Sonnet 45

Shakespeare. Sonnet 1

«The other two, slight air and purging fire,
Are both with thee, wherever I abide».

This sonnet continues and completes the idea of Sonnet 44, but here air and fire — symbolizing the poet’s thoughts and desires, respectively — are linked to the youth because the poet continuously thinks about and desires the young man.

Sonnet 45
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The other two, slight air and purging fire,
Are both with thee, wherever I abide;
The first my thought, the other my desire,
These present-absent with swift motion slide.
For when these quicker elements are gone
In tender embassy of love to thee,
My life, being made of four, with two alone
Sinks down to death, oppress’d with melancholy;
Until life’s composition be recured
By those swift messengers return’d from thee,
Who even but now come back again, assured
Of thy fair health, recounting it to me:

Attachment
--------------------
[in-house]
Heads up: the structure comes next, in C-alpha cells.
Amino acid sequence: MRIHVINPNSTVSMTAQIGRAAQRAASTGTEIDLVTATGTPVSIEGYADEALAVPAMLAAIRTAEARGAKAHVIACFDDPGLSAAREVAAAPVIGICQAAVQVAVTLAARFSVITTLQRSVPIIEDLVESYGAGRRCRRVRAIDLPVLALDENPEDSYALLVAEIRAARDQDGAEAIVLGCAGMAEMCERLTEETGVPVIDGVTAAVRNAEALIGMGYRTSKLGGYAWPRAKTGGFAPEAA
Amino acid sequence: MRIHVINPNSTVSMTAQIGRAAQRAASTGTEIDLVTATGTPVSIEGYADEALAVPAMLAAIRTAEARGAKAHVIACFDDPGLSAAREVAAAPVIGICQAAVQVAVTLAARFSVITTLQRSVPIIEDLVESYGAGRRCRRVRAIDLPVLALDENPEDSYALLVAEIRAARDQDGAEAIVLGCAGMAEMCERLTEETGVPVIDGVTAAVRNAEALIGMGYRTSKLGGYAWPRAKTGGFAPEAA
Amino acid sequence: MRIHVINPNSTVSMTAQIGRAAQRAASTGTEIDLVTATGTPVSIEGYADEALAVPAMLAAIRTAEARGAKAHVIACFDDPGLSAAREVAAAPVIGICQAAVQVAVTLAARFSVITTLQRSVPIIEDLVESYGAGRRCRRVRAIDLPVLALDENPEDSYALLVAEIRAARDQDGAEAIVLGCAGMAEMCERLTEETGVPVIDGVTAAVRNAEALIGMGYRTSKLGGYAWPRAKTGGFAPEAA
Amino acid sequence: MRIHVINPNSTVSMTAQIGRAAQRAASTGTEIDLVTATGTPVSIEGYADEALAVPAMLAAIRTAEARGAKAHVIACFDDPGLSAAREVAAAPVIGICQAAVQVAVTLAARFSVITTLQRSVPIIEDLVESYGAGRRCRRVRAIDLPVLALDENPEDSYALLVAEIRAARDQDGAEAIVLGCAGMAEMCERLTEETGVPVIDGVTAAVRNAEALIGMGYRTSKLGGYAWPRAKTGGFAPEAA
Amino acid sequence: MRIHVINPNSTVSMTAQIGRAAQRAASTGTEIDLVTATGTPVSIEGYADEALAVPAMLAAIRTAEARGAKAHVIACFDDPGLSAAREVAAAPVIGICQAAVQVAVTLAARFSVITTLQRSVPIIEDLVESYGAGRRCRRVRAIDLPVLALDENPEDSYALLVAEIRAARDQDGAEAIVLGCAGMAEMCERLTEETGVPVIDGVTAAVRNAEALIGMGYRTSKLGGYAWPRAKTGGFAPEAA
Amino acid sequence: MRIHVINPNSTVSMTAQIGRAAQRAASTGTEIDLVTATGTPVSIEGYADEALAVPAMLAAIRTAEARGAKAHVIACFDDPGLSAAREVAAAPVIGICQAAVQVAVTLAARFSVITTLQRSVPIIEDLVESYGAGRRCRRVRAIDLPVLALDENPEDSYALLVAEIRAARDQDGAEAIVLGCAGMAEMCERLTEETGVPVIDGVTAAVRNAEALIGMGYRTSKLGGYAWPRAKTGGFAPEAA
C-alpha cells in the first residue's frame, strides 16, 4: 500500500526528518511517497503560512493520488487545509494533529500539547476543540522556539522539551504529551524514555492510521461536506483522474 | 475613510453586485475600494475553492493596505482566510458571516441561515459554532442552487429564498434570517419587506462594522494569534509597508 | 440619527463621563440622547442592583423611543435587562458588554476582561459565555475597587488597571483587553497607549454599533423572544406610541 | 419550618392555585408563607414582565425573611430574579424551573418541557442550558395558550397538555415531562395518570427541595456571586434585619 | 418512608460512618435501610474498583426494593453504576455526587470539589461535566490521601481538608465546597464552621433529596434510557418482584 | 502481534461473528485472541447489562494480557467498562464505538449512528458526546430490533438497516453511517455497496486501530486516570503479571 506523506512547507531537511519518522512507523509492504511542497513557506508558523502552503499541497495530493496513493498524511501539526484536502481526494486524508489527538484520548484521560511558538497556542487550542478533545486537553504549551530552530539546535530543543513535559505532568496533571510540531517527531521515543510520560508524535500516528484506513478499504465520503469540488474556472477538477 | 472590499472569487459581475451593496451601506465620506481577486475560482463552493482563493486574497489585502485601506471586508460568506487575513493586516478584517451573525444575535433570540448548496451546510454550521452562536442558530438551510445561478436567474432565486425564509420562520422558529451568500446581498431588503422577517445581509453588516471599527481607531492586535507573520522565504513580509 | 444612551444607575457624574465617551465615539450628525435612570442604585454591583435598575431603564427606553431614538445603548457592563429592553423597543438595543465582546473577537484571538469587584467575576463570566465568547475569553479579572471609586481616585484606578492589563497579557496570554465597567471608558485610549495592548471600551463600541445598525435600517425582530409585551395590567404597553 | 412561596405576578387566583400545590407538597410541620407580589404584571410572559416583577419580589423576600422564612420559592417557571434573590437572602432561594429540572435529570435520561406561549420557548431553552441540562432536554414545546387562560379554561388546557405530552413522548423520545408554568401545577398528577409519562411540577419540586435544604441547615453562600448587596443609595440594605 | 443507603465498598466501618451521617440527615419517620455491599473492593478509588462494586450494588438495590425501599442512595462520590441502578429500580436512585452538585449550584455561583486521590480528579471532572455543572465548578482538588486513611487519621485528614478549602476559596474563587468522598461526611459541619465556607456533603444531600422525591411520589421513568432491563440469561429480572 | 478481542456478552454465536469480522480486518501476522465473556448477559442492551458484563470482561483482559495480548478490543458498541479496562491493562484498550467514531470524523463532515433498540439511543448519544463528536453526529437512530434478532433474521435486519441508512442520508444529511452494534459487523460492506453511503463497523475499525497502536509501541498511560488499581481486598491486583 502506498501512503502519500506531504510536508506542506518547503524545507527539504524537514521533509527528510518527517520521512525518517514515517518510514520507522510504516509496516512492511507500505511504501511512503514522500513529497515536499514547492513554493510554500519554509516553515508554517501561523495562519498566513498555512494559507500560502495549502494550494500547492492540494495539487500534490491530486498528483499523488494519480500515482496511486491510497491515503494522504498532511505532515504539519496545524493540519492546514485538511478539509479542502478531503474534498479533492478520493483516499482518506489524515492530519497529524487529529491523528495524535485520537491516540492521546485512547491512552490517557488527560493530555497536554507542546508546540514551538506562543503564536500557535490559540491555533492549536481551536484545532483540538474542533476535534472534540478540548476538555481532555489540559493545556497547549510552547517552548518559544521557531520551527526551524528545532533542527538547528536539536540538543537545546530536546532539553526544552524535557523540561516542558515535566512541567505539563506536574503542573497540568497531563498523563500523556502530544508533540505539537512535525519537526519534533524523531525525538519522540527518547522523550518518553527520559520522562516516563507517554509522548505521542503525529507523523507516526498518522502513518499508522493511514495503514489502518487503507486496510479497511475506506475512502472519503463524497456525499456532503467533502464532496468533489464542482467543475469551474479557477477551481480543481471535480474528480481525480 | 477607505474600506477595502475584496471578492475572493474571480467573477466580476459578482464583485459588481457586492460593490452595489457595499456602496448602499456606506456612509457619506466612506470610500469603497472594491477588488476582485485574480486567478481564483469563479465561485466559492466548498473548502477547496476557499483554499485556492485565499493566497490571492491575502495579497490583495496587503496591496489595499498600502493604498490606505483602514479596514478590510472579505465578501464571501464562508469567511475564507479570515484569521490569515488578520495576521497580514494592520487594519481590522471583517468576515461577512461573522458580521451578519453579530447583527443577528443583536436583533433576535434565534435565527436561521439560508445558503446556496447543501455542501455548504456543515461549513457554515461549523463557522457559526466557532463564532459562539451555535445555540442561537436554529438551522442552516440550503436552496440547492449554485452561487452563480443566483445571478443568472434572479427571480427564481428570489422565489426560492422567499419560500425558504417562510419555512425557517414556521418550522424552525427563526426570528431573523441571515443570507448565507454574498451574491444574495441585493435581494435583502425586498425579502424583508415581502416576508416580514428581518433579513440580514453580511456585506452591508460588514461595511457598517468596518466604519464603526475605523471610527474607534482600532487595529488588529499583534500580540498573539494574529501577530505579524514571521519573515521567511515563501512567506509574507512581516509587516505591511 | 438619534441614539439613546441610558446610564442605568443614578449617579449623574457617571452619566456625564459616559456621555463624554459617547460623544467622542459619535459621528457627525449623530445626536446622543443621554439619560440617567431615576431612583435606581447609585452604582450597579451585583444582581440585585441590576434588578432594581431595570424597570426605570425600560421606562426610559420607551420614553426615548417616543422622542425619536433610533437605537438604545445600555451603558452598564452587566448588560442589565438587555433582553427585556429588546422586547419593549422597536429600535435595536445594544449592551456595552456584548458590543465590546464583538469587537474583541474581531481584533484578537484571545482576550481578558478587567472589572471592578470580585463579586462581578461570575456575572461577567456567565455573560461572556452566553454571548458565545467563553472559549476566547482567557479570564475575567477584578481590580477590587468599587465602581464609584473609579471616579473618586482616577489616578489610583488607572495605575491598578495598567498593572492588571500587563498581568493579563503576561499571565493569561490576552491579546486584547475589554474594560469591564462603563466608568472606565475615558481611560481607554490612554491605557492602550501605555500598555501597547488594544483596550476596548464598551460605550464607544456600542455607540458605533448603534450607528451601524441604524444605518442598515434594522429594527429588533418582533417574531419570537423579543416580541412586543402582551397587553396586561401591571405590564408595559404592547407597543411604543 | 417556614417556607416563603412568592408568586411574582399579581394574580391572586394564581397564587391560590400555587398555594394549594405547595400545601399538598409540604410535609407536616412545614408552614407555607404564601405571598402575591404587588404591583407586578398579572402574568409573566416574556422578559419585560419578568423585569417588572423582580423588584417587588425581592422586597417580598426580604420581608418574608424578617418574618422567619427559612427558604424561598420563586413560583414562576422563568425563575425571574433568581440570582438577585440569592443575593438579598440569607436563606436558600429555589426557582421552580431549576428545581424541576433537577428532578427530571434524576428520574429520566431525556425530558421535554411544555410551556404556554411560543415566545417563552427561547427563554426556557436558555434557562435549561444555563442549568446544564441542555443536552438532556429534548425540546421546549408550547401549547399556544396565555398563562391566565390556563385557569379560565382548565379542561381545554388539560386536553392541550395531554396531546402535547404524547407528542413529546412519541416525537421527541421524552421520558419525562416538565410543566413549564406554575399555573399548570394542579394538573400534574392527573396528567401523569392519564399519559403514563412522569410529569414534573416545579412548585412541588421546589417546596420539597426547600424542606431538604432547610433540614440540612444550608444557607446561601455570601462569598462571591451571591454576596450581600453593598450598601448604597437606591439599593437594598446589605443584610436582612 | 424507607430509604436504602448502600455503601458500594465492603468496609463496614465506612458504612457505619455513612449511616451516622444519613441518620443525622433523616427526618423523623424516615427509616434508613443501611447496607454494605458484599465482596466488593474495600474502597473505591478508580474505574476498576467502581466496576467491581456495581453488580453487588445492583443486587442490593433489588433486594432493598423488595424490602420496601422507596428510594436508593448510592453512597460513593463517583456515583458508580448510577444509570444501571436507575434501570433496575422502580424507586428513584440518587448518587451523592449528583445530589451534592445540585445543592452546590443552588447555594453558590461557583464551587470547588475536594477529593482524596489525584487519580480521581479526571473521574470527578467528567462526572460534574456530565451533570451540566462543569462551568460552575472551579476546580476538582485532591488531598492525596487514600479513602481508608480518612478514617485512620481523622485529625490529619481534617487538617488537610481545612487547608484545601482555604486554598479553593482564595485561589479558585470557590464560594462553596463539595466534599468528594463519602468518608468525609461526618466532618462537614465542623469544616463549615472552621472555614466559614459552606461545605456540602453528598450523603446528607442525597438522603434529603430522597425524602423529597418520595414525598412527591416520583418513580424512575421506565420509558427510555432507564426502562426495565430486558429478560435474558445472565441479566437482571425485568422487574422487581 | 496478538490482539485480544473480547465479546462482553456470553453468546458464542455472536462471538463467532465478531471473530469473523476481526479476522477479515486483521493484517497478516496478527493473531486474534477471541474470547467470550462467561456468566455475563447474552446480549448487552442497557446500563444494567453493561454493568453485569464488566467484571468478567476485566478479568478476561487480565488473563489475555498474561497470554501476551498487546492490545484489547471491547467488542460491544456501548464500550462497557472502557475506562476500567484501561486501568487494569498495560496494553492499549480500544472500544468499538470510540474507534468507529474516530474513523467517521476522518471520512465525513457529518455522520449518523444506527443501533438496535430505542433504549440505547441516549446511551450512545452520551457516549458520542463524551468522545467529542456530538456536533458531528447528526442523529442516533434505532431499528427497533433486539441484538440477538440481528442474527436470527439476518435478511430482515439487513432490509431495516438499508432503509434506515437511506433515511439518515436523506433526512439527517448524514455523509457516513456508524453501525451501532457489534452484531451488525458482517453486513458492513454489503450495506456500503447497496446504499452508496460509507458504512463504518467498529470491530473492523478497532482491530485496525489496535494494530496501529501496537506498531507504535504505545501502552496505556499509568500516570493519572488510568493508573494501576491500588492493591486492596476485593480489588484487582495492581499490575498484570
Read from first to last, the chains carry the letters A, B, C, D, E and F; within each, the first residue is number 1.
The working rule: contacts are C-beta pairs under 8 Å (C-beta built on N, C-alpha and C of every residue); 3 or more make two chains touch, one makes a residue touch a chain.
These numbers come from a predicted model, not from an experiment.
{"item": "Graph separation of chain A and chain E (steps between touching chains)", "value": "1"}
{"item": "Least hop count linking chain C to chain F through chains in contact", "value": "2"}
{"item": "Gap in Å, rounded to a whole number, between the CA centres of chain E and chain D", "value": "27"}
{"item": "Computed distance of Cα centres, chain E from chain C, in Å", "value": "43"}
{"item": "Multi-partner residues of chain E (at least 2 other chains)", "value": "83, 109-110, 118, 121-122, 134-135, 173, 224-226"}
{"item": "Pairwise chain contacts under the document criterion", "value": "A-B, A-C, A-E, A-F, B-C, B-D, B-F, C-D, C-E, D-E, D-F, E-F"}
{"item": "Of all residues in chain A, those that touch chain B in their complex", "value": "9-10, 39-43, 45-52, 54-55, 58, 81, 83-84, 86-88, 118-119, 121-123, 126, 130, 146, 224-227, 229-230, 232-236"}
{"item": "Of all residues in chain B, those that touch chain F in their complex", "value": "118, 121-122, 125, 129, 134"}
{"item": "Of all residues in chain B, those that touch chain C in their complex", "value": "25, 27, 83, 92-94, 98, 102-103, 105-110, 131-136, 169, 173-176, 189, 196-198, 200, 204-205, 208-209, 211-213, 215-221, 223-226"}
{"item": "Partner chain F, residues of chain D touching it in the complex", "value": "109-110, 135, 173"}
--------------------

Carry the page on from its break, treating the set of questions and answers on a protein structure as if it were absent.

This told, I joy; but then no longer glad,
I send them back again and straight grow sad.

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Figuratively, the sonnet implies not so much direct communication as the telepathic exchange of emotions.

Alone, the poet “sinks down to death, oppressed with melancholy,” and does not recover until the youth sends his well-wishes and love back to him. However, the poet’s melancholic emotions are cyclical, for as soon as the young man sends back these greetings, the poet begins to think about and to desire the youth, and shortly he feels alone again.

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English audio from YouTube Channel Socratica

Summary from

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